Leading article: Fast-tracked injustice

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The Independent Online

The Home Office was yesterday given the right to appeal against a High Court ruling that it has been breaking the law by "fast-tracking" the removal of asylum-seekers before they can contact their lawyers to challenge the decision to deport them. The Home Secretary, Theresa May, should ensure that her officials do not appeal against the ruling.

A judge confirmed the common sense view yesterday that it offends against natural justice to detain asylum-seekers in the night and then bundle them on to a plane without even giving them the chance to telephone their solicitor – as happened recently to an Eritrean teenager, taken from her home at 4am and flown immediately to Italy, who was able to contact her British solicitor only after she landed in Rome. Such precipitate action raises serious questions about the constitutional right of access to justice.

Originally, individuals facing deportation were given 72 hours' notice of their impending removal. But the authorities have been making increasing use of a change in the law made in 2007 to allow exceptions to the general rule. In the first year only 24 such "exceptions" were made, but last year the figure multiplied sixfold. The practice of immigration officers swooping late at night, and escorting distressed people on to planes which leave only a few hours later, is growing.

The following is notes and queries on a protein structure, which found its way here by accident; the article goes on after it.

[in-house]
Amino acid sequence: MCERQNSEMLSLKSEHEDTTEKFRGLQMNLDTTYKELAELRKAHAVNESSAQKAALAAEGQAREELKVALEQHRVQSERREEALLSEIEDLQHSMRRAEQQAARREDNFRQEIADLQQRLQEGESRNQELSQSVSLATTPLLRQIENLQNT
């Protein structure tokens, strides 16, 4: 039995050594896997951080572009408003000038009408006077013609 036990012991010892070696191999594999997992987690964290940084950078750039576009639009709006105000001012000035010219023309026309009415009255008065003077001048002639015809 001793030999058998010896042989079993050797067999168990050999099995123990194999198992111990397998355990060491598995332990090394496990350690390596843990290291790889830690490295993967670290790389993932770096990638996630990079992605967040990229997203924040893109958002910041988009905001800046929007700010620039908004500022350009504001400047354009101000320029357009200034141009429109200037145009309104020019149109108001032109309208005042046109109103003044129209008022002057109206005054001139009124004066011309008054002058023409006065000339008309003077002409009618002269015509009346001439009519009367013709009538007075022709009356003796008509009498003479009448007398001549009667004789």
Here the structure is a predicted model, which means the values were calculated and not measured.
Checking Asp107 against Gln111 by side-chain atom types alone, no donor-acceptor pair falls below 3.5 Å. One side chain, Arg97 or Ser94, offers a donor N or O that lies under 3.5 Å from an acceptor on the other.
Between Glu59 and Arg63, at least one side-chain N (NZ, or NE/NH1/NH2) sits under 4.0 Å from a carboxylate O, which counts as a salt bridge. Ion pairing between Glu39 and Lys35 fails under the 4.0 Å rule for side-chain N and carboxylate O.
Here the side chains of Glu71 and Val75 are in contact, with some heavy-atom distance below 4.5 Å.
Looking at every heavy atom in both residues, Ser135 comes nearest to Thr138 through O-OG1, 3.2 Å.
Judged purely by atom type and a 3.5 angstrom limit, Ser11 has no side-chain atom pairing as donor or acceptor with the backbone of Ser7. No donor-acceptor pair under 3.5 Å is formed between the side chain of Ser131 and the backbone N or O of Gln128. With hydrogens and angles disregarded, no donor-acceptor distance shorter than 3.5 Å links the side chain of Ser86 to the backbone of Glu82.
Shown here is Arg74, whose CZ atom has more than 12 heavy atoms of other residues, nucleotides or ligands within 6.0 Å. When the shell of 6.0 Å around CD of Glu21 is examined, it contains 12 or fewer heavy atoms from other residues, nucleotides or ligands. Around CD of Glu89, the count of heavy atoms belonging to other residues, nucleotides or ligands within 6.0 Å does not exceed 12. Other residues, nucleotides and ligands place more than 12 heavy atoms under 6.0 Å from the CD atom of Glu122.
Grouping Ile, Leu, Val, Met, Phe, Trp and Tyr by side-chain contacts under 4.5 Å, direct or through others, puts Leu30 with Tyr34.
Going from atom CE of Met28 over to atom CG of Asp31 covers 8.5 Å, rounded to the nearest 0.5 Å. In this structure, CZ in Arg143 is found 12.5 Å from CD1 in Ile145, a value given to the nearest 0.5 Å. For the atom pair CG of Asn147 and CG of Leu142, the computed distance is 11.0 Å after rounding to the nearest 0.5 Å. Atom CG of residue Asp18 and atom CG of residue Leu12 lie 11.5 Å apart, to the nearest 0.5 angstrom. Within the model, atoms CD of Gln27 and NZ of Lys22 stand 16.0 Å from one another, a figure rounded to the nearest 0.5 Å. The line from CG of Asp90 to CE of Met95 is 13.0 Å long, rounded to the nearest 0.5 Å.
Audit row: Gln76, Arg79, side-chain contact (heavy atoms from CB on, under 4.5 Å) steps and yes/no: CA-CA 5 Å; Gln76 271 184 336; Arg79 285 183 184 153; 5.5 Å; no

The Government's argument is that individuals with no right to be in the UK should be removed as quickly as possible. But the targets of the "exceptions policy" have not just been individuals who need to be removed swiftly "to maintain order and discipline" at a detention centre. It has also been particularly used on vulnerable individuals including those at risk of suicide or self-harm and also children who have arrived in Britain unaccompanied and who are deemed most likely to abscond if they are not removed immediately. There is a callous disregard for the fact that asylum-seekers in these vulnerable categories are the very individuals most likely to face problems in the place to which they are deported.

Policies like this, along with the practice of detaining children in immigration centres, are perhaps the most dishonourable legacy of the departed Labour government. Nick Clegg recently announced an end to the shameful business of detaining children. Ms May should now announce that the coalition Government will not be challenging this ruling against the clear injustice of fast-track deportation.

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